Seriously, how stupid do you have to be to get up in front of a “Women in Science” conference and tell them that the reason you don’t employ many women as science professors is that they aren’t good enough? Incredibly intelligent, apparently, that’s how stupid. How stupid do you have to be to not only start talking about “the River Tiber foaming with blood”, but then subsequently to claim that you didn’t realise that it would be controversial? Apparently, only the cleverest man in the House of Commons has what it takes to be as dumb as that.

What this suggests to me is that we greatly overvalue book-larnin’ these days. Lots of otherwise sensible commentators will regularly admit that a “genius” politician was not very good at politics, or a “genius” academic administrator was a terrible manager, but then continue as if they regarded mere incompetence at one’s chosen career to be of secondary importance, compared to the far greater value of being a genius.

In fact, I’d put most of our public “intelligentsia” in the same pot.

Yesterday’s state and local elections showed us that many “hot button” issues dear to the Right had little impact on voters. For example, Amy Gardner writes at the Washington PostIn the Ballot Booths, No Fixation on Immigration.”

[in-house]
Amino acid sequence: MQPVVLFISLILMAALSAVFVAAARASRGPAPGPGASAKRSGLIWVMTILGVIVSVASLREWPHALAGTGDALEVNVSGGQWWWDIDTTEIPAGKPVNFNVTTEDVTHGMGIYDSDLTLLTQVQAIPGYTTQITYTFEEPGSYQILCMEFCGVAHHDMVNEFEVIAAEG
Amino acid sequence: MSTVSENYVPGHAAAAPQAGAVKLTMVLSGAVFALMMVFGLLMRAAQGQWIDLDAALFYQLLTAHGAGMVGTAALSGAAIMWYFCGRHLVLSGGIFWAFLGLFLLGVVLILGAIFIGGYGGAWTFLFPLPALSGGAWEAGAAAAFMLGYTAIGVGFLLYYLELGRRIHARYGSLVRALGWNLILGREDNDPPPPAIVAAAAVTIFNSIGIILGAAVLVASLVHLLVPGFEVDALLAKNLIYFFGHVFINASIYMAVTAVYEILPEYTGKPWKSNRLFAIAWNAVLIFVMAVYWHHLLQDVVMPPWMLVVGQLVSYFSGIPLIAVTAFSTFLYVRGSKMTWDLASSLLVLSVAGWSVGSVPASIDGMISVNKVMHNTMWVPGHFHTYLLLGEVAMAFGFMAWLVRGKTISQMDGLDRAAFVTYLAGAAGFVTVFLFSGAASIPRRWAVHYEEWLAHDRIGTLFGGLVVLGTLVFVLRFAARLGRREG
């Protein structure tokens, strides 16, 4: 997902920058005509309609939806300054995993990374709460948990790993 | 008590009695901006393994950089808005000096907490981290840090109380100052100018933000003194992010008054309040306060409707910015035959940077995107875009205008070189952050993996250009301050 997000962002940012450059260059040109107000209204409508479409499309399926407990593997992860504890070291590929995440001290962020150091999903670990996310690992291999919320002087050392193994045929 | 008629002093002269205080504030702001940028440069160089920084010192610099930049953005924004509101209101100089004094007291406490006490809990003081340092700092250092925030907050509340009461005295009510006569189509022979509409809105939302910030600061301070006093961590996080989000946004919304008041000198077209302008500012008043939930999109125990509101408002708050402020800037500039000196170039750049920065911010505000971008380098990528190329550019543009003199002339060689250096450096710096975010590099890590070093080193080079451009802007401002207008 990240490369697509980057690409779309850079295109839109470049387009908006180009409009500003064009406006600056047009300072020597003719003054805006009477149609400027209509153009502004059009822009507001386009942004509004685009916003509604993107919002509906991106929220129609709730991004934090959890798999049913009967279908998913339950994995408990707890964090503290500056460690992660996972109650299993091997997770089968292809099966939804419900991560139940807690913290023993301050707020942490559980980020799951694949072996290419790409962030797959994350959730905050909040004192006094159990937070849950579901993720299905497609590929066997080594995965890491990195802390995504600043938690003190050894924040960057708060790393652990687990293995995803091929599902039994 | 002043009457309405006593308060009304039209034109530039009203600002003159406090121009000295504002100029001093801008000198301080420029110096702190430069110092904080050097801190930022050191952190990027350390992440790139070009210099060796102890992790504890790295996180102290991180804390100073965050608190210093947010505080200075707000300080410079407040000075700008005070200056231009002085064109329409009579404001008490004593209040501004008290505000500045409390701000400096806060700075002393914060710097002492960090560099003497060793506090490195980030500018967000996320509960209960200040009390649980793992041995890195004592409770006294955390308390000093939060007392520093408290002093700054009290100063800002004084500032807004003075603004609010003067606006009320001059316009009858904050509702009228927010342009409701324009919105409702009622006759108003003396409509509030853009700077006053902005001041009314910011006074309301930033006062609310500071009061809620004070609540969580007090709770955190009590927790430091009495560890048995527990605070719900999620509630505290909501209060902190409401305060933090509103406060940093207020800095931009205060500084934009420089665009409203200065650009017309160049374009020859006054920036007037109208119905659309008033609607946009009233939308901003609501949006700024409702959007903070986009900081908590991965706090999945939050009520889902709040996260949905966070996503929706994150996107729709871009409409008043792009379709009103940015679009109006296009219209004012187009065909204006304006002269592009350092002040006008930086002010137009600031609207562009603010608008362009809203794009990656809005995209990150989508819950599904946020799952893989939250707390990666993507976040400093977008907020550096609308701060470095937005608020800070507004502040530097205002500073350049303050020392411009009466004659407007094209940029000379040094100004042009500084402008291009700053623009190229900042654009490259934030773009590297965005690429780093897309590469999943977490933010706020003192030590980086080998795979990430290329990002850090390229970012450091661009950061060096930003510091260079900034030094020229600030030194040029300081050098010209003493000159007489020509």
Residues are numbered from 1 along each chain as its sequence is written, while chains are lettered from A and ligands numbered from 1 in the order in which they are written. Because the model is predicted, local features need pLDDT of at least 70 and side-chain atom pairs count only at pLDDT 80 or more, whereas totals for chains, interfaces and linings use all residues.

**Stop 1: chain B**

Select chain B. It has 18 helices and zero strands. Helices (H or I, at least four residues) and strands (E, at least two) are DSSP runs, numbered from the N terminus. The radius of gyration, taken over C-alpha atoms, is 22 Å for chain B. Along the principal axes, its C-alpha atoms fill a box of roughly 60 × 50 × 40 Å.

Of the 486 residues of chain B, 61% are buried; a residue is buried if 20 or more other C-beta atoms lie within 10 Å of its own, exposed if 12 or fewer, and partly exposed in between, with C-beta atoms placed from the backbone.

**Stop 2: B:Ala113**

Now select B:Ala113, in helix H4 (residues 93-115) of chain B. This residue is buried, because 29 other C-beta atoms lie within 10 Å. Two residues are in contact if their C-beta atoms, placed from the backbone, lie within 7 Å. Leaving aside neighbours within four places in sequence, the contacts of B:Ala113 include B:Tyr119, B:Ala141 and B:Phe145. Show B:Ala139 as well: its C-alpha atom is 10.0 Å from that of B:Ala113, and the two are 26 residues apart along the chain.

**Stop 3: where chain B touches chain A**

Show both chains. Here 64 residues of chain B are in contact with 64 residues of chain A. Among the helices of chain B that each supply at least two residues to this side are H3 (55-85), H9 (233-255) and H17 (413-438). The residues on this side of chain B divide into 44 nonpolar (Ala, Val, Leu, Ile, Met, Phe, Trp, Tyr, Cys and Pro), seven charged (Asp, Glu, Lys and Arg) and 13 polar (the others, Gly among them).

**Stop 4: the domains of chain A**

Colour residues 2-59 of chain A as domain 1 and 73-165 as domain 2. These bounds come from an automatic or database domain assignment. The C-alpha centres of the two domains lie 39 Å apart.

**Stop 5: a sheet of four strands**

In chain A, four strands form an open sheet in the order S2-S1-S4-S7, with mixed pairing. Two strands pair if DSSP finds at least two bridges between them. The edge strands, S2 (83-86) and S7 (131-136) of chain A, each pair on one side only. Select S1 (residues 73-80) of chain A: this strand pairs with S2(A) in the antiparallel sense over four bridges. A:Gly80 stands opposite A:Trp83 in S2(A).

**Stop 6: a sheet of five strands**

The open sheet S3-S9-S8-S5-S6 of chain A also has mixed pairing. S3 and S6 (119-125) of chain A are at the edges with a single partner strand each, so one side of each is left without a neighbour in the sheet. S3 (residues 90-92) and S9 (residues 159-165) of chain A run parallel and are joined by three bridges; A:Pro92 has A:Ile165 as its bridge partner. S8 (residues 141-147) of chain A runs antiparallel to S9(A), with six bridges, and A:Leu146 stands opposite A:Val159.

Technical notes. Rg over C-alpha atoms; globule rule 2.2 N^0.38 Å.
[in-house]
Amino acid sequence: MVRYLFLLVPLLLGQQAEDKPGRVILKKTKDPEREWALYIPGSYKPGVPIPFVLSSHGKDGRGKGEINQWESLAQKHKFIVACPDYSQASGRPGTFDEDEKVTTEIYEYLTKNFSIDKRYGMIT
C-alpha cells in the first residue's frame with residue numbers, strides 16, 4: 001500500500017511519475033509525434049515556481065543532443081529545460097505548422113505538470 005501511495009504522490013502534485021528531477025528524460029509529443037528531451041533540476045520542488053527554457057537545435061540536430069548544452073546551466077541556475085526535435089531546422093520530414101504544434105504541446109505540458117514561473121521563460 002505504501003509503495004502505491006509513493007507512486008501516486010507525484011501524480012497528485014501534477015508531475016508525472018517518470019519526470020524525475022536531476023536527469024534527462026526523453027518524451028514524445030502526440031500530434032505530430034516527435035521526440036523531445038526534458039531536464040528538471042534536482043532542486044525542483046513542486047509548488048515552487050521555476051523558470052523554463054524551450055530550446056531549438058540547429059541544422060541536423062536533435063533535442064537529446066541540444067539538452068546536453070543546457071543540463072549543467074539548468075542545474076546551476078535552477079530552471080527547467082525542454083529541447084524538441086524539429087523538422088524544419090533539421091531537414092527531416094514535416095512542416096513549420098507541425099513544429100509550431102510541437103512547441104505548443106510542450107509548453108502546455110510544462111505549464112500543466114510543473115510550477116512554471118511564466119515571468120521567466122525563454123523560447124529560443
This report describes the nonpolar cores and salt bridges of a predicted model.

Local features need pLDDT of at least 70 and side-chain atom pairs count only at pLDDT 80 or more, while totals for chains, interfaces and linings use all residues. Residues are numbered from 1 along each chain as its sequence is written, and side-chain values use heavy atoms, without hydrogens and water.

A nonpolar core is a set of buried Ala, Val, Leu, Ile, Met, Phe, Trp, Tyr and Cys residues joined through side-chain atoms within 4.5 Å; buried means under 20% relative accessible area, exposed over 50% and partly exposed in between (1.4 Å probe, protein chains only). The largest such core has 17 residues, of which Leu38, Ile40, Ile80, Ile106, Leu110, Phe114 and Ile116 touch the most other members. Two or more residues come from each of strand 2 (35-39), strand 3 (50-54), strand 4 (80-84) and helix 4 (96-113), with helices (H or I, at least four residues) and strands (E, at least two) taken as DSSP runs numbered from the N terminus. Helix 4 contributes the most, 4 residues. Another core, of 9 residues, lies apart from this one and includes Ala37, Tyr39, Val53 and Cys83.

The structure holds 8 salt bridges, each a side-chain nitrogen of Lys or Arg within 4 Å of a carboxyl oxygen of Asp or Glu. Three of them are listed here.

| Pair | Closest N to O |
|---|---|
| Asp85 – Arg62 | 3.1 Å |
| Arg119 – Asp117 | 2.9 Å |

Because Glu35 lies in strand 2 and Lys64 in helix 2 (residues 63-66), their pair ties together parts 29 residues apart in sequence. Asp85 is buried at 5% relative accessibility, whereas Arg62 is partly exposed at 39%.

Voters across Virginia chose candidates in state and local elections yesterday not out of anger over illegal immigration but based on party affiliation, a preference for moderation and strong views on such key issues as residential growth and traffic congestion.

With a few notable exceptions, the trend benefited Democrats and not those who campaigned the loudest for tough sanctions against illegal immigrants.

At The Hill, Jonathan Kaplan writes “GOP turns impeachment resolution against Dems.”

House Republicans on Tuesday nearly forced Democratic leaders to vote on a resolution to impeach Vice President Cheney.

Anti-war presidential candidate Dennis Kucinich (D-Ohio) introduced a privileged resolution, used to circumvent the committee process, to get his impeachment measure to the House floor.

The vote to kill Kucinch’s privileged resolution began as a largely party-line affair, but halfway through the vote, Rep. John Shadegg (R-Ariz.) persuaded Republican leaders to get rank-and-file GOP lawmakers to change their votes to force the debate.

At one point, the vote to table the motion stood at 246-165. Once Republicans began switching their votes, momentum swung the other way. When the vote stood at 205-206, some Democrats began switching their votes.

The vote to kill Kucinich’s resolution finally failed 162-251, giving Republicans the opportunity to watch Democrats debate whether to impeach Cheney — a debate in which many liberal Democrats were more than willing to engage.

House Republicans clearly enjoyed watching Democratic leaders squirm during the series of votes, which lasted more than one hour.

I would have enjoyed watching Democratic leaders squirm also, and I’m sorry I missed it. But if the Republicans think that impeachment is a loser issue for Dems, they need to get out more. As Kagro X says, “Republicans believe everything is good for Republicans.” Well, wait ’til next year …